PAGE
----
In a previous post we discussed the importance of GIS data quality when considering implementation of an Advanced Distribution Management System (ADMS). Even if you’ve been successfully supplying an outage system from your GIS that doesn’t mean you have sufficient completeness or quality to support an ADMS. The OMS requires complete and accurate connectivity, but it largely doesn’t care about things like the current carrying capabilities of individual primary spans. And it doesn’t really care customer usage patterns. But the ADMS does. And the ADMS wants that information correct and up to date every day.
But we also know that it’s not possible to be perfect. If perfect GIS data was an absolute requirement for an ADMS rollout, well then none would ever roll out. A corollary to this notion is that quality within any GIS database varies. It may vary my region, or by type of equipment or by voltage level (i.e., primary versus secondary). And it may vary in all three of these dimensions.
All of which brought us to our question of the day, “how good is good enough?”
Like many things, the answer is not so simple. In part this is because “good enough” depends the goals for your ADMS implementation. An ADMS includes many functions and the functions driven by your business case will in turn drive data accuracy requirements. In other words, some ADMS functions require more data and greater accuracy than others.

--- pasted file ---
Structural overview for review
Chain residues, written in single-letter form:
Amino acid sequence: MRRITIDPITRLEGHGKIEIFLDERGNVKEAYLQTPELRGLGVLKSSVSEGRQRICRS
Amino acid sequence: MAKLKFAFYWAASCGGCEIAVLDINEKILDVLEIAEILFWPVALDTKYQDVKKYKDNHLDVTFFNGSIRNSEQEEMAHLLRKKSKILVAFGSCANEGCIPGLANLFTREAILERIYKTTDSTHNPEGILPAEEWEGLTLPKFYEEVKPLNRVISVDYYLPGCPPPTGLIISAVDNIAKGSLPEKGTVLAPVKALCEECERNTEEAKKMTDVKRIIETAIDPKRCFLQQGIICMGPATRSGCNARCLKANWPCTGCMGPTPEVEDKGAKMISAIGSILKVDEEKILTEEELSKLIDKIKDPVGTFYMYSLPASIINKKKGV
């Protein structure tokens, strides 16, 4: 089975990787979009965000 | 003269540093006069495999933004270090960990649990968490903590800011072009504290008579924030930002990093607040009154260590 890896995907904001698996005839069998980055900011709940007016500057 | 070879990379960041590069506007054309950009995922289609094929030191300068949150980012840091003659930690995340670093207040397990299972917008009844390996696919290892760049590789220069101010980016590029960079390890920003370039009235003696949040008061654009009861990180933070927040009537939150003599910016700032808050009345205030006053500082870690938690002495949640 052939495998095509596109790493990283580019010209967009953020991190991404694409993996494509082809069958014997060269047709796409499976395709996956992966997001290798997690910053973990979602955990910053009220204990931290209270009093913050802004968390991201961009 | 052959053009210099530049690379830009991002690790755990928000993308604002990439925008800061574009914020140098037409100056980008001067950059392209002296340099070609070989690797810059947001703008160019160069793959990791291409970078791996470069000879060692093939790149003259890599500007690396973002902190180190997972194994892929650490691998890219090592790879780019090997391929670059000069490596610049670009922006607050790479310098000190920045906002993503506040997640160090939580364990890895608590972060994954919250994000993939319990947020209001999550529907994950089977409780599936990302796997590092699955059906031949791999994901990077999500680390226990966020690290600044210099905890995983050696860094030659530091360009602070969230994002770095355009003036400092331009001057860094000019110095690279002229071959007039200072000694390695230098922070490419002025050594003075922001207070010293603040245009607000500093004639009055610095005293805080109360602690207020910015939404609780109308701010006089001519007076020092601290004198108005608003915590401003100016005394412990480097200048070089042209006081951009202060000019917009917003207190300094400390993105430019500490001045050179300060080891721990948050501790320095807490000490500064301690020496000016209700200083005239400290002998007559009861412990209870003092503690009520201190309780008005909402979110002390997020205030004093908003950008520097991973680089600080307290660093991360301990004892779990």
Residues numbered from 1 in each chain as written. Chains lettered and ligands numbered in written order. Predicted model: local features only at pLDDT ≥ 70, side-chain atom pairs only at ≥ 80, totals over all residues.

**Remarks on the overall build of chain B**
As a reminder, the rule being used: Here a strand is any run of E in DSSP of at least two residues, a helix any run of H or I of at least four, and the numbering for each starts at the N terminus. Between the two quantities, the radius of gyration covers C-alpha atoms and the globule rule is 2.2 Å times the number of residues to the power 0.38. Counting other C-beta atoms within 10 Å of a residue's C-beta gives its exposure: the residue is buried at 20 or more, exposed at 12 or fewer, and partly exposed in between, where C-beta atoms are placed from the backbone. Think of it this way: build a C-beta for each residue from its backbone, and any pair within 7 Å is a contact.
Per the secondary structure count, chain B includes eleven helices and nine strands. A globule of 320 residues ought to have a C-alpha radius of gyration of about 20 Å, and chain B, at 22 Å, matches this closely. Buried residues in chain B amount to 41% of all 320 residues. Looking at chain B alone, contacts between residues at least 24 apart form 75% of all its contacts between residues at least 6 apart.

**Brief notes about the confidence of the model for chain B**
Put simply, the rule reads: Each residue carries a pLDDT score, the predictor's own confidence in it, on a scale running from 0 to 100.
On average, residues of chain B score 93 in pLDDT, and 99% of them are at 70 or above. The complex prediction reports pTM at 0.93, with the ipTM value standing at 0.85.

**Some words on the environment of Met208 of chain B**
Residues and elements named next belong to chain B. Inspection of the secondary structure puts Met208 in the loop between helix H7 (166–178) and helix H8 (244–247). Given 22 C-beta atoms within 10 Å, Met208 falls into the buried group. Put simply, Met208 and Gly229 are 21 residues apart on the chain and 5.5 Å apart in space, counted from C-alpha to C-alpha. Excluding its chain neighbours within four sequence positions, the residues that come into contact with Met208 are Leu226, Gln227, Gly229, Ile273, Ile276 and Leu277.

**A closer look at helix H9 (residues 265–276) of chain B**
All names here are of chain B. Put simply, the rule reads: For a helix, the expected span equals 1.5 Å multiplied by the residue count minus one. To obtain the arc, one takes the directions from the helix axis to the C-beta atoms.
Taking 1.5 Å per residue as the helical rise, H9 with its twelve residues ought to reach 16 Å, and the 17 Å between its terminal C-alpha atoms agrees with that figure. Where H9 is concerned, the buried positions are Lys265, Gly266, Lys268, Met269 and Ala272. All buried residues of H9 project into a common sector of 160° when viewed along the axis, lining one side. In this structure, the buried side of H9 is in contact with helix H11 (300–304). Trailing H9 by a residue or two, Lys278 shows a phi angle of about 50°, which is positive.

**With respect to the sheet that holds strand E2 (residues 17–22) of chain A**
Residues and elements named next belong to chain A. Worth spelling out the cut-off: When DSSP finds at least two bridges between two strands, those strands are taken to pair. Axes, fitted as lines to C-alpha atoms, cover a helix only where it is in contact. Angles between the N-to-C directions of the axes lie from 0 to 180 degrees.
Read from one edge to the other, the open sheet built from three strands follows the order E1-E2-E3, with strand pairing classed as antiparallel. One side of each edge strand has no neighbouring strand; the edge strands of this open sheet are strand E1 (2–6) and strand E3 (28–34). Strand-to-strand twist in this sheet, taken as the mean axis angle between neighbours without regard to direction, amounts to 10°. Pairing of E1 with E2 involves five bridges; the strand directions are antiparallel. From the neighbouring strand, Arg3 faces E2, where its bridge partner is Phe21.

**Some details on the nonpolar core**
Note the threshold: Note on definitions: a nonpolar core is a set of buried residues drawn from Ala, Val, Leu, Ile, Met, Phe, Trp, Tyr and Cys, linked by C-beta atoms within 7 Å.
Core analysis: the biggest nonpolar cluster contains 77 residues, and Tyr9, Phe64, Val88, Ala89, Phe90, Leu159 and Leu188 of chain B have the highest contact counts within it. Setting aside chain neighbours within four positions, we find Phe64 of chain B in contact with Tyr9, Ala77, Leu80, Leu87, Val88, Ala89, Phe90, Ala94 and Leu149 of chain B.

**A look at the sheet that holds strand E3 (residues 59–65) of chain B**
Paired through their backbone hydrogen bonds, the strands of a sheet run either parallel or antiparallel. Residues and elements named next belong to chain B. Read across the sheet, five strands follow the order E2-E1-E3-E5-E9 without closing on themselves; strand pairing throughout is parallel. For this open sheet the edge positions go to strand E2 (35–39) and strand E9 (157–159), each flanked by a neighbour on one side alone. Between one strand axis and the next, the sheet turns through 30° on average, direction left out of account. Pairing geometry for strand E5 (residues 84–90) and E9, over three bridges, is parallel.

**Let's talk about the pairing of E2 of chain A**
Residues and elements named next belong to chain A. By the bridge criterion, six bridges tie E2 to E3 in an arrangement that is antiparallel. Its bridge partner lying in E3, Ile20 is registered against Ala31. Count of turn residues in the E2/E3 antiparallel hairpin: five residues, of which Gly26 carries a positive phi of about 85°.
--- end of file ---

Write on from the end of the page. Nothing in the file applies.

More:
If, for example, your principle business driver is Volt/VAR Optimization (VVO) then incorporating accurate representations of proposed equipment might not be so important. Or if your driver is to support switching operations and VVO is not so important (possibly because you don’t have the equipment in the field to support it) then complete and accurate details about all capacitor controls might not be the highest on your priority list.
And as we know, establishing and maintaining high quality GIS data is not inexpensive. So, before jumping in to a wholesale program to improve GIS quality in order to support your future ADMS plans, make sure you have a good handle on your key target ADMS functions and organize your data quality efforts around those requirements.
“Valid” is not the same as “Correct”
And before going further we have to reiterate this point that all too often gets overlooked. Just because a primary span’s wire size and material values are not Null and fall within their respective valid value domains does not mean the data in your GIS matches what’s in the field.
Maybe you’ve got a program where periodic field surveys are done to assess and improve GIS data correctness. Or maybe your field crews regularly note discrepancies between GIS features and equipment in the field using their mobile mapping units and sending this to your GIS team for update. Of maybe you’re taking some other steps to ensure data in the GIS matches what’s in the field. But if you don’t and you’re thinking about an ADMS down the road, then you might